evil passion, and the filling his heart with the gentle, 
loving spirit of Christ. This will make him a new 
man, lift him into a new world of thought, life, and 
enjoyment, and save him from the outer evils anger 
brought upon him. 

God is God, and man is man ; and man's nature 
and the conditions of his peace and welfare are as fixed 
as God's, by the will of God. When we say man, we 
mean a free, moral, and responsible creature ; and 
when we say a man is saved we mean only as a man 
can be saved — that is, saved by the salvation of his 
manhood ; saved in the exercise of his freedom, in the 
use of his conscience, in the rectifying of his heart, 
in the uplifting of his soul. Man cannot be saved 
mechanically. What is it to save the inebriate? It 
is to redeem him from his appetite lor rum, and lead 
him into a sober life. This is his only salvation, and 
how is it brought about? Can you free him as you 
would take the chains from the limbs of a prisoner, 
and thus set him at libeity ? Certainly not. This 
salvation can only come through enlightening his 
mind, quickening his conscience, and inducing him 
to exert his will power. There is no other method of 
salvation for him, and this saves the man by saving 
his manhood. 

In man's salvation from sin there must be a free 
exercise of his own will, and he must co operate with 
Christ in this work. " Work out your own salvation 
with fear and trembling: for it is God which worketh 
in you both to will and to do of his own good pleas- 
ure." It is his purpose that we should " be conformed 
to the image of his son," but he has not pledged to 
make us thus holy and happy whether we will or not, 
and by instrumentalities outside of the exertion of 
our own powers. A man cannot be saved from sin 
without his own co-operation, for the reason that this 


150 North Carolina Sermons. 

is an inner spiritual work. A man can be saved from 
an outer evil without his own co-operation, as you 
may rescue him from the river when he is drowning, 
but he cannot be redeemed from sin in this way. Can 
you save a man from intemperance by outer means, 
and independent of his own will? Must he not co- 
operate in the work of his salvation ? You may lock 
him up in a prison, and thus cut him off from the 
means of intoxication ; but this is not salvation to 
him. The appetite remains, and dominates his soul. 
He must be willing to be saved, and work for it. This 
is beautifully illustrated in the experience of Dr. 
Horace Bushnell, who, in his college days, was almost 
an infidel. He doubted nearly every religious propo- 
sition that had been brought to his attention. A pow- 
erful revival was sweeping through the college, and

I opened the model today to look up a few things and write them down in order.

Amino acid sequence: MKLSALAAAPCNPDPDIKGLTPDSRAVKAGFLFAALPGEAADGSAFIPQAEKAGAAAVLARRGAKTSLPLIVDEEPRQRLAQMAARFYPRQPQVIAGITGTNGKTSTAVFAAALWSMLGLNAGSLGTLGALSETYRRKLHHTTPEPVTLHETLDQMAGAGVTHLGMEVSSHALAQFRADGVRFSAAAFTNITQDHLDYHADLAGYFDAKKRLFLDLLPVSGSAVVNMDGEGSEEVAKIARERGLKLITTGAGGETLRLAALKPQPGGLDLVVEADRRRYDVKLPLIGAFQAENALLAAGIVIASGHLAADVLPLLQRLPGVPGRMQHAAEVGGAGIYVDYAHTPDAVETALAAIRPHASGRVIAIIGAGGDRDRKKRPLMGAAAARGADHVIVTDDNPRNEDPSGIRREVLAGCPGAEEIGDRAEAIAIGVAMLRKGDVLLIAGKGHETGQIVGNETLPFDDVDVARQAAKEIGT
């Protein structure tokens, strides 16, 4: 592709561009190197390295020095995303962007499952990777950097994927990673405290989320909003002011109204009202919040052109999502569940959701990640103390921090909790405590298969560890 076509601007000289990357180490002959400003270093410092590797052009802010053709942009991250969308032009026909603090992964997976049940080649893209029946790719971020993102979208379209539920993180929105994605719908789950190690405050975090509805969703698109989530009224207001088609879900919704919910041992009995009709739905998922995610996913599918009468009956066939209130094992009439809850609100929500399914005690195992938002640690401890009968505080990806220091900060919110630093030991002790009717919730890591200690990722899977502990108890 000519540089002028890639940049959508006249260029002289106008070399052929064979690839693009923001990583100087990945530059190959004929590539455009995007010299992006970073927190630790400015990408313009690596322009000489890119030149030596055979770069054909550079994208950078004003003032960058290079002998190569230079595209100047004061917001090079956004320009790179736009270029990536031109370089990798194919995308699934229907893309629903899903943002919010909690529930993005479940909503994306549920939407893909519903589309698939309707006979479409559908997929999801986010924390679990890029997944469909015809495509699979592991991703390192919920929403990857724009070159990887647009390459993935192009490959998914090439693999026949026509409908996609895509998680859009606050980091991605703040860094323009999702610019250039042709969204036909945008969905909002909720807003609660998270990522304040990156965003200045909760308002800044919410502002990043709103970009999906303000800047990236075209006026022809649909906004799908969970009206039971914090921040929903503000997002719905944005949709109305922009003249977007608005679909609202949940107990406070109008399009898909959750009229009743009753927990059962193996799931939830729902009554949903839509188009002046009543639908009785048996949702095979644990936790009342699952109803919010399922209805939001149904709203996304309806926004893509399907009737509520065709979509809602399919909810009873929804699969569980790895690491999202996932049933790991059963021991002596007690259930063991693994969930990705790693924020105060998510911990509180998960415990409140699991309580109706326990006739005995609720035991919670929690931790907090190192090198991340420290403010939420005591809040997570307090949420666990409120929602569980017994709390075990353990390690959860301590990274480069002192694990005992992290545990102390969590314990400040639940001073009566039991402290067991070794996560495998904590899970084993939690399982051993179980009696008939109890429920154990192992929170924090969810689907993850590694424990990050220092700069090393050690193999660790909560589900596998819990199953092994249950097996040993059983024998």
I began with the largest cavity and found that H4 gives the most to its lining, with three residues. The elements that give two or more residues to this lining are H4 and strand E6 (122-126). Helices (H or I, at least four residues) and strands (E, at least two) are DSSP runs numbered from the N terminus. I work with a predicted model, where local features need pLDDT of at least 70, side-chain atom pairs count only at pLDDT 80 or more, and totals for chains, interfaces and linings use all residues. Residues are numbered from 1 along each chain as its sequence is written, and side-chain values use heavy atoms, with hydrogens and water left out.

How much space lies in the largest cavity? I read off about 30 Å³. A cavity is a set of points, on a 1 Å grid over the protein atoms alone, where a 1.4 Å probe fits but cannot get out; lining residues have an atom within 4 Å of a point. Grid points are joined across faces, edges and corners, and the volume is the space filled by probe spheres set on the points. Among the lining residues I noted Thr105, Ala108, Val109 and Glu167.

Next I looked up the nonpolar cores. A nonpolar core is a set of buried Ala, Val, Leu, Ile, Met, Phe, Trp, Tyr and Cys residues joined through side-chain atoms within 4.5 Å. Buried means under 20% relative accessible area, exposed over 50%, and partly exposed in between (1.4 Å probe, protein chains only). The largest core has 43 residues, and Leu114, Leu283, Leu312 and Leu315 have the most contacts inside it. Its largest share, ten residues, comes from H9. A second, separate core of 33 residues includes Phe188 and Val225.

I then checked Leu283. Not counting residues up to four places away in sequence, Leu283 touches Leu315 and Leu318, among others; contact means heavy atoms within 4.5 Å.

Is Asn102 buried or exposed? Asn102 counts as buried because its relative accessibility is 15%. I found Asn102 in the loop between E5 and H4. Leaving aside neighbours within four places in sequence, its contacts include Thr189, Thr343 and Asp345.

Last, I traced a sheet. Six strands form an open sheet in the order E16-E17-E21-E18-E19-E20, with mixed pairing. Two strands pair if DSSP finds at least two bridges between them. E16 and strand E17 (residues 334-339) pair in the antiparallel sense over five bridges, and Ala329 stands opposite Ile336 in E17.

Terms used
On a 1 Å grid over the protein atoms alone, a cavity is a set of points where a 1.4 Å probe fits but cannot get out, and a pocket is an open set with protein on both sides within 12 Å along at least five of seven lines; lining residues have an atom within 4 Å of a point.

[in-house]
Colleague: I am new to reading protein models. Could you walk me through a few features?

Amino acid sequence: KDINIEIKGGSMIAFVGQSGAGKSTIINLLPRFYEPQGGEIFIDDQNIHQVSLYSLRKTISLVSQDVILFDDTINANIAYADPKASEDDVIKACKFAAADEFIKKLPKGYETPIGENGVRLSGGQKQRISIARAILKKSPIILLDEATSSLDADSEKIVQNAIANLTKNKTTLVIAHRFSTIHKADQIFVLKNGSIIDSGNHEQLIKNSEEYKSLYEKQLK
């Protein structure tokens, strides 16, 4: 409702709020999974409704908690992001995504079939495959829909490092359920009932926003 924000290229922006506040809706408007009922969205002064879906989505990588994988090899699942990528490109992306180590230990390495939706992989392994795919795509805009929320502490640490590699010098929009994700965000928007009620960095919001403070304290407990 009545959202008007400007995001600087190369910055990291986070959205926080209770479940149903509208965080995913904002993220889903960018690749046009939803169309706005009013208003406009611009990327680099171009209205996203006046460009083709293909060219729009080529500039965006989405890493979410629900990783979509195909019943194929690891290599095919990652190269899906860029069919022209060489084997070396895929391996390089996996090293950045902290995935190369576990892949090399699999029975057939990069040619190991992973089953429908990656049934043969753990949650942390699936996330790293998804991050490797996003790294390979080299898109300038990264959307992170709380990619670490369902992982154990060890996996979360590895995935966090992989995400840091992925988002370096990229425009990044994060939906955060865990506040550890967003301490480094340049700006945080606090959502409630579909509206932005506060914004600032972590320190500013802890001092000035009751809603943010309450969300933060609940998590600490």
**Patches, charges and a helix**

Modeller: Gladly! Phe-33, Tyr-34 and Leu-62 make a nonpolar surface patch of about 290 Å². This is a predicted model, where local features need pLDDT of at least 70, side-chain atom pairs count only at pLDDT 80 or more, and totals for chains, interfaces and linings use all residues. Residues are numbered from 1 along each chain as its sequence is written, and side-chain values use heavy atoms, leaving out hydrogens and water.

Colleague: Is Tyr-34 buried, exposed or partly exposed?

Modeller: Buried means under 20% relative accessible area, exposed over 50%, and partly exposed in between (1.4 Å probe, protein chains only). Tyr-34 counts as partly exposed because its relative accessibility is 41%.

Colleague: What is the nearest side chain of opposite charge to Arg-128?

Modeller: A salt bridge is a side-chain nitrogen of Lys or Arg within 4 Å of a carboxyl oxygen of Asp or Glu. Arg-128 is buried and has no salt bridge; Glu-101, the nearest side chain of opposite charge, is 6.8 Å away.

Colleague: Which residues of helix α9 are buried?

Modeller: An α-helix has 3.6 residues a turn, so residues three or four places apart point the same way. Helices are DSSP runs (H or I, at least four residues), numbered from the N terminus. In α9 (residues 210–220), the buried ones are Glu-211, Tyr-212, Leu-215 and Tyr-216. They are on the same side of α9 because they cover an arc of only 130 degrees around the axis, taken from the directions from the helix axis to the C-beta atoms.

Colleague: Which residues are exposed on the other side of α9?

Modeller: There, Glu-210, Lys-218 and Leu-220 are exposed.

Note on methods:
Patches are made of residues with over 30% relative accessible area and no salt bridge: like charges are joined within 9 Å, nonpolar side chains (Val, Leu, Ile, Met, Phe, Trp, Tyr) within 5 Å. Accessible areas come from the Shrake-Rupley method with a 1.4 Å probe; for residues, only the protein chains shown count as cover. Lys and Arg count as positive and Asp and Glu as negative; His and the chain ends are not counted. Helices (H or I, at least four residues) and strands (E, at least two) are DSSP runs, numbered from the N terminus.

he was compelled to think on the subject of religion. 
One evening, pacing up and down his room, in the 
desolation of his skepticism, he said to himself: 
" There is one thing I have always believed. I have 
never doubted that there is a distinction between right 
and wrong." Conscience has a direct intuition of the 
difference between motives. Certain motives con- 
science does intuitively perceive to be right, and others 
it intuitively perceives to be wrong. Bushnell be- 
thought himself of his duty in a practical way. He 
asked himself: "Have I yielded to this truth which I 
admit, that there is a difference between right and 
wrong? Have I ever thrown myself over the line 
betw r een right and wrong, toward the side of right, 
with full purpose and will to do only the right?" 
There he knelt in his solitude on this one reef of axio- 
matic truth. He gave himself up to the promptings 
of conscience and yielded utterly, gladly, affection- 
ately to all the light that he then had ; and there 
came to him the conviction that there is a personal 
God, that there is another life, and that God is ready 

The Divine Purpose. 151 

to hear all that call upon him in sincerity. From 
that hour he never doubted on these points. Salva- 
tion came to him through the decision of his own 
will, and this is the only way that it can come to any 
man. A man cannot be saved from sinful loves by 
the mere exercise of power, for the simple reason that 
it cannot touch the inner passions of the soul. Such 
salvation can only come through the change of his 
desires by moral and spiritual influences. 

II. Redemption from the slavery of sin, and transforma- 
tion into the image of Christ is the only salvation that can 
be of any advantage to man, either in this ivorld or the world 
to come. It is this alone that can deliver him from his 
alienation from God, and make him happy. Salvation 
from outer evils cannot do this. The prodigal became 
alienated from his father through his love of sinful 
pleasure, and he wandered away into a distant coun- 
try. This sinfulness involved him in fearful outer 
evils, and he was miserable, 'this father could and 
did save him from these evils ; but this alone could 
not save him from the condemnation of conscience, 
and make him happy in the society of his Father. The 
alienation of heart must be r, moved, and he must 
have the spirit of a son. This alone could bring peace 
and happiness in the relation that he sustained to his 
father. Thus it is in our relation to God. The con- 
sciousness that we have sinned against him destroys